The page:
Mitt Romney’s Fundraising Pitch: What He Tells High Rollers Behind Closed Doors

By Eliza

Jul 21, 2011 6:00am

gty mitt romney fundraising nt 110701 wb Mitt Romney’s Fundraising Pitch: What He Tells High Rollers Behind Closed Doors

ABC News' Shushannah Walshe reports (@shushwalshe) reports:

Mitt Romney was back in New York City Tuesday evening trying to reel in more cash for his campaign, holding top dollar events at The Pierre and the Mandarin Oriental hotels at events hosted by a banking exec and a banking heir.

Romney raised $18 million dollars in the second quarter swamping his primary rivals, who combined raised less than that.

So what does Romney say to these big money donors to make them fork over their cash and convince them he's going to be the one to face off against President Obama in the general election?

According to a top donor who also has knowledge of the campaign-and was in attendance Tuesday night-said Romney repeated his consistent pitch to the crowd, "Obama was a nice guy and America did something they like to do and that is trust a likable guy, well spoken guy, handsome guy, and well meaning guy, but it turns out he's clueless about handling the sophisticated economics stuff."

According to the donor Romney added, "Obama has never had a business job, never had to lead an organization. Never, not once."

But his pitch also veers away from what he says on the stump. When Romney gets into the room with potential donors trying to lure them to his campaign, he's consistently asked how he's going to win.  According to several donors, Romney tells the crowd that his strategy will work: they will win New Hampshire and Nevada and are hoping to "get lucky" in Iowa and South Carolina. They believe if they win 3 out of those 4 contests they will sail to the nomination. If they only win two they believe they will be one of two candidates left in the race and he'll push his jobs message to victory from that point on and they think he'll have the cash to last, unlike last time.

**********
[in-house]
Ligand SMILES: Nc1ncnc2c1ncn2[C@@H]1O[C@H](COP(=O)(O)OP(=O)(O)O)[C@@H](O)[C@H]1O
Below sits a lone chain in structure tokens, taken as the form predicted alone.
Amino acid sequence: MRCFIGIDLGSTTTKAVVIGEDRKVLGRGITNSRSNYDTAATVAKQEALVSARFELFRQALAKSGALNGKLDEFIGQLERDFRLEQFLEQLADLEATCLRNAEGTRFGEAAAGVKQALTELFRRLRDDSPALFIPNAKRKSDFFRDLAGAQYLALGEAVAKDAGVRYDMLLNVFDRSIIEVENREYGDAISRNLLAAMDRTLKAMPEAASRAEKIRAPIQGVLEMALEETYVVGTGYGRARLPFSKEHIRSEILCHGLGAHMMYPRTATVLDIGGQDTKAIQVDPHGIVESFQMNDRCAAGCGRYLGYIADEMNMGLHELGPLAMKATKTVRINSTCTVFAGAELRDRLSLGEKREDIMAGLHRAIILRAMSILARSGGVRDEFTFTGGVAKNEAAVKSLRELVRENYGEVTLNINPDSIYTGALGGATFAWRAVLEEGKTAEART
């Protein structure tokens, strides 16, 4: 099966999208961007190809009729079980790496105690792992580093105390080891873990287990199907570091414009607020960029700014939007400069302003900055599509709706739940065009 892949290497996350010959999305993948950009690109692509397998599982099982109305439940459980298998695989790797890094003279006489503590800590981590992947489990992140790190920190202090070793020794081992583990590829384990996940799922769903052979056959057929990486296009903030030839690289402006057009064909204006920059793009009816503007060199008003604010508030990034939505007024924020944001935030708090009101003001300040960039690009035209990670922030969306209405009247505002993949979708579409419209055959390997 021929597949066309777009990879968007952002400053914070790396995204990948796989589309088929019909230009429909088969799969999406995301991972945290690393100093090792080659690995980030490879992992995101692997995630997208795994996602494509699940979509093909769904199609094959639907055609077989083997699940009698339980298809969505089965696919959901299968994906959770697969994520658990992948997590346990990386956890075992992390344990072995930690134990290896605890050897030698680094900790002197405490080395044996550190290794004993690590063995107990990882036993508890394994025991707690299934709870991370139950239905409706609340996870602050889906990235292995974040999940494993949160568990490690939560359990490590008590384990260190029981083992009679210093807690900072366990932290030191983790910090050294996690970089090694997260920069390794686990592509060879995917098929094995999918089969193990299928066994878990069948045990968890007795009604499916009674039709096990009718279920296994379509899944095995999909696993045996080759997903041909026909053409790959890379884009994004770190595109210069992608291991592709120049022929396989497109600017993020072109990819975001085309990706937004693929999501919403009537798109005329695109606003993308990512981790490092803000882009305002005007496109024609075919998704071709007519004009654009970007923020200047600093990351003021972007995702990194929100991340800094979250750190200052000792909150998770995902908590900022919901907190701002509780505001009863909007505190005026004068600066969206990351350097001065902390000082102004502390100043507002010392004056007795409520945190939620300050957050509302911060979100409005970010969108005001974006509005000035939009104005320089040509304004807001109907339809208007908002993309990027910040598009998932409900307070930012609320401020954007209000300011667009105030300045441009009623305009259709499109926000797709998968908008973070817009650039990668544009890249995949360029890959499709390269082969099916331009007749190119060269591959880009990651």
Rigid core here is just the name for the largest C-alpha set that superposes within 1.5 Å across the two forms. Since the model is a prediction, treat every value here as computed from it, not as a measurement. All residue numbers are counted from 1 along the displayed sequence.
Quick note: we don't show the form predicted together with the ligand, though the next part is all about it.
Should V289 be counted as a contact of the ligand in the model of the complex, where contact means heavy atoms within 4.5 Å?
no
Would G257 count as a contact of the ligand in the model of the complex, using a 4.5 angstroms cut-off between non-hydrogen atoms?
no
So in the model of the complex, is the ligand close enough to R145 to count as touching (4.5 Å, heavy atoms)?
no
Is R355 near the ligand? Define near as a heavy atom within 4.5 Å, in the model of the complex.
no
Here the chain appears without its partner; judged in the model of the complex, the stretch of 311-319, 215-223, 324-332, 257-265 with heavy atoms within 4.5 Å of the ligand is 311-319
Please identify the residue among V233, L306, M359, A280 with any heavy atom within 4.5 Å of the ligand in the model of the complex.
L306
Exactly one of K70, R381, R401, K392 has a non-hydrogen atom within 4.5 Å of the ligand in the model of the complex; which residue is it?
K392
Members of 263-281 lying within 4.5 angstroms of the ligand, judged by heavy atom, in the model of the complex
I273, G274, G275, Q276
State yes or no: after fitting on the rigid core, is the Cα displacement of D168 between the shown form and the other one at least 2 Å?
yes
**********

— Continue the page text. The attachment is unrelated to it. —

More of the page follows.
The same fundraiser says the campaign calls it the “Bob Dole playbook” referring to Bob Dole’s 1996 campaign where he was able to defeat Pat Buchanan. Like in that campaign, the Romney team sees the primary coming down to Romney and an “unelectable hard right counterweight,” which would enable Romney to be victorious.

The same donor, who did not want to be identified discussing the candidate's behind-closed-doors-fundraising message, adds that although Romney almost totally focuses on the economy he also has sharp words for Obama on his foreign policy moves as president including that Obama should have more vocally backed Iran's Green Revolution.

"He really emphasizes that Obama went on his apology tour as soon as he took office and he was bowing to every leader especially in the Middle East because he thought they would appreciate that and be our friends when in fact there has been no impact at all and he thinks the Arab Spring has been one of the greatest missed opportunities for a leader," the top donor relayed.

In public, his critiques of Obama's foreign policy decisions have been made, but not to this detail. Last month at the CNN debate, Romney criticized Obama for not having a "coherent, consistent foreign policy," but to donors this level of detail is part of his regular pitch to them.

Although Romney swamped his Republican opponents in the 2nd quarter fundraising totals, this same donor did acknowledge that his supporters "certainly wanted him to raise more," especially with the expectation that he could raise close to $50 million the last quarter before primary voting begins. But they believe with Mitch Daniels out, Gingrich "imploding," Pawlenty "not getting any traction," Michele Bachmann being "unelectable" that the "whole thing is breaking our way," he said. Romney may not want to take his rivals on yet publicly, but behind closed doors the strategy is being made clear to those raising money for him.

The Romney camp didn’t want to comment specifically on fundraising or strategy, but spokesperson Andrea Saul said in a statement that the campaign is, “proud of all of the support we’ve received for Gov. Romney’s agenda for the country over the failed leadership of President Obama. No candidate in this race can come close to matching Mitt Romney’s 25 years of experience in the real world economy. Because of his unique understanding of the economy, he has made restoring American competitiveness and growing our economy to create good jobs the central goals of his campaign. “